P.O. Box 813 ~ Tombstone, Arizona 85638 ~ (520) 457-3884
Joyce Aros came to Tombstone several times as a teenager back in the 1950's. Much of Allen street was boarded up and Boothill was a windswept and neglected old cemetery; no fence, no buildings, and few graves still marked with rusty pipes that had worn and dried up pieces of wood wired to them. But it haunted anyone who saw it and beckoned them to return and seek out the stories that were buried there.
Back in Canada, Joyce read everything she could about Tombstone and it's fascinating people. Not only the Earps and Doc Holliday, but so many more. But it soon became apparent that much of it was fiction. The Earp brothers were too good to be true and the cowboys were shadowy figures with no identity
Years later, after relocating to Tucson, Arizona, Joyce married a working cowboy, one of the last of the old time Vaqueros in the area, and got to know a lot of people who still lived a frontier type life. These people were still pioneering in so many ways and still adhered to the old way of living with the land.
Joyce's interest in the characters of the Cochise county exploits was set aside for a few years to raise seven children. But once that was done, it was time to seriously look into the history and find out who really were these men and women of a long time ago.
Not surprisingly, they turned out to be far more interesting than even she imagined. The results were several series of articles in defense of the ranchers and cowboys of Cochise county, and a continuing search for the true account of the shoot-out at the O.K. Corral, as it has been referred to.
Joyce currently works at the City of Tombstone Visitor Information Center, giving tourists information on what to see in do in Tombstone, along with some interesting conversation.
Her newest book is a novel, "Hope and Hardship; A Wagon Train Story".
She is currently working on a new book... coming soon.
Softcover - 112 pages
Joyce Aros combines her considerable artistic skill with careful research plus a fair amount of intuition, thus giving us a new and refreshing look at a variety of Cochise County "cowboy" characters associated with stories about the Earps.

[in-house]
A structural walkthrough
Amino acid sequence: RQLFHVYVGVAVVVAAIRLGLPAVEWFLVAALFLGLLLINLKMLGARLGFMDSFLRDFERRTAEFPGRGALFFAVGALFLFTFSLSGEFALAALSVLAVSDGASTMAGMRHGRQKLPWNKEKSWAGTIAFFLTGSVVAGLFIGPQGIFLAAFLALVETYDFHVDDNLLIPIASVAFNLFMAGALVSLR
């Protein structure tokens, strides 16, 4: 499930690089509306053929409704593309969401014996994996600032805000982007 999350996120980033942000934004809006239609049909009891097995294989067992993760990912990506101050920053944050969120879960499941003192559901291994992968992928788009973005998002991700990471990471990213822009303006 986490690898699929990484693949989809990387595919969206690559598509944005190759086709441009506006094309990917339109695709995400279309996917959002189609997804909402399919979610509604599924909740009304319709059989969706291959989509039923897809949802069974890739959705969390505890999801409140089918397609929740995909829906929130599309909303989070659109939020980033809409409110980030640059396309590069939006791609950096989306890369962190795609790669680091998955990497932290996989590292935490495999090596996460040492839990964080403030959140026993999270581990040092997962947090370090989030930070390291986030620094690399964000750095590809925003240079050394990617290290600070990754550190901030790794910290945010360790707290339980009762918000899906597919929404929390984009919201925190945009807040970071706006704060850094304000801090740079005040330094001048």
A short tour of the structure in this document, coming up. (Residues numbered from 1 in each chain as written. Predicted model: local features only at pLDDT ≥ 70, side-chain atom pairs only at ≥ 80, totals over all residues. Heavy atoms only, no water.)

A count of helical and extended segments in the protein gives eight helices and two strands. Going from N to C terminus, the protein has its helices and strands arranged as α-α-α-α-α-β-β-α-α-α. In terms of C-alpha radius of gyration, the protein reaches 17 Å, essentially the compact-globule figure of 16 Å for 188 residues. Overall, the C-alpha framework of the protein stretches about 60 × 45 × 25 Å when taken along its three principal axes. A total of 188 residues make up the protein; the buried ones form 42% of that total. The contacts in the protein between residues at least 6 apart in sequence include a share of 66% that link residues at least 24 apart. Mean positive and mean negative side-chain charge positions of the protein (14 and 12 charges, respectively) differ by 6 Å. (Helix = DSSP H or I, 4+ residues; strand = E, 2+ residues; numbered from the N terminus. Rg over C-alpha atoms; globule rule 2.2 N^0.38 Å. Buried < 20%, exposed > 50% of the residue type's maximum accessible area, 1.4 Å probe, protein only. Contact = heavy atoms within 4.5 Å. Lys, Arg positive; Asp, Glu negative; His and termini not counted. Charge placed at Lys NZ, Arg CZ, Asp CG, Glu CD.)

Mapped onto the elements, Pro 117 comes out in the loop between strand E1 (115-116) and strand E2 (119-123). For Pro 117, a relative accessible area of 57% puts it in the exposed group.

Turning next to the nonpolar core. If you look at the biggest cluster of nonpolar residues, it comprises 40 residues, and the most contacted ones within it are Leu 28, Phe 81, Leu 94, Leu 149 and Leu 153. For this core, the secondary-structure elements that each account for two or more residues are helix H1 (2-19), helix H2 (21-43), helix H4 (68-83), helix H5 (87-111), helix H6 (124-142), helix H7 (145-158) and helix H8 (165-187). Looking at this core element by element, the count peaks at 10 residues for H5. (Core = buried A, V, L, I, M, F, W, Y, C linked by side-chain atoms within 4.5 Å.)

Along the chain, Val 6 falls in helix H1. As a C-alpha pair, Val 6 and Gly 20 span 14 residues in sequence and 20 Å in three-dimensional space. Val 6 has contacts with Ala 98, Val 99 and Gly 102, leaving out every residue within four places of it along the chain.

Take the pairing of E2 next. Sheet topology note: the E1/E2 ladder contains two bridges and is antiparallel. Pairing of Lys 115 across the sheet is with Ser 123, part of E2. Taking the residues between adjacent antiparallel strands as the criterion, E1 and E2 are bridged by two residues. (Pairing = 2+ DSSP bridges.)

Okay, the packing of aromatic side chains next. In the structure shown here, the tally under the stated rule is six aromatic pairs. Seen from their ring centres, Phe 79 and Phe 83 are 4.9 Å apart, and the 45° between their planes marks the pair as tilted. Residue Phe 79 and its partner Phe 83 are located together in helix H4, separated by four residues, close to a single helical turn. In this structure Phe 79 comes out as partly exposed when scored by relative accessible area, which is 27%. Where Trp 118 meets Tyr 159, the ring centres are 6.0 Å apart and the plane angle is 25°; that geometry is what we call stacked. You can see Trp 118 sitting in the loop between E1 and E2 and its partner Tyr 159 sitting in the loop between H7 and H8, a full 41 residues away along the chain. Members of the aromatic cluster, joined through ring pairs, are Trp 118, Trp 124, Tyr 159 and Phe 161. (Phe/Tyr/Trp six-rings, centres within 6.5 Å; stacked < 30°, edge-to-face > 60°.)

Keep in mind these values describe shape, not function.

Heretofore, the "cowboys" have been portrayed as gun-slinging, snaggle-toothed bad guys bent on destruction with no family history, morals, or redeeming qualities. This book gives us a better understanding of the Earp enemies who have been written off as little more than scoundrels and scallywags. Certainly most of these men rode dark trails, but the Earps were not exactly choir boys. Tough times bred tough men. This is another side to the Tombstone story.
Phyllis de la Garza, author of The Earp Gamble
Softcover - 346 pages
One side the Clanton brothers, Ike and Billy along with the McLaury brothers, Frank and Tom, local cattle ranchers in the Territory of Arizona, 1881. The other side, approaching with purpose, representatives of the law in Tombstone, Wyatt, Virgil, and Morgan Earp backed up by their volatile sidekick, Doc Holliday.
The resulting explosion of gun smoke obscured the definitive truth for over one hundred and thirty years.
In Murdered On The Streets Of Tombstone, Joyce Aros carefully examines an almost minute by minute evaluation of the events as they unfolded before the eyes of the startled townsfolk that chilly October afternoon in 1881. Citing the Inquest and Hearing testimonies and comparing them to the various Legends that have surrounded that fateful day for over a century the author's presentation may just lead you to concur that Tom McLaury, Frank McLaury and Billy Clanton were Murdered on the Streets of Tombstone.
Softcover - 430 pages
Western Fiction - illustrated
Looking out over the sea of faces their expressions reflected hope along with anxiety. The challenges ahead were daunting and too many had little idea of what was in store for them, but Jonah felt he could read most of them pretty well. He'd seen them all many times. As a wagon-master he had to be able to evaluate the men and families that would be driving their teams across rugged and often hostile country in their quest to settle on the new frontier. He knew full well that their whole existence depended on an undying hope, often realized, but always achieved with much effort. Men, women and children would depend on him to guide them to their promised land, the Willamette Valley, over 2000 miles away. The journey ahead, like all the others, would be footnoted with uncountable hardships, heartbreaking losses, newfound loves, encounters with Native cultures and, thankfully, occasionally punctuated with reveries and moments of celebrations!
This story of the westward movement, as told from the wagon-master's view, is certainly a journey filled with Hope and Hardship!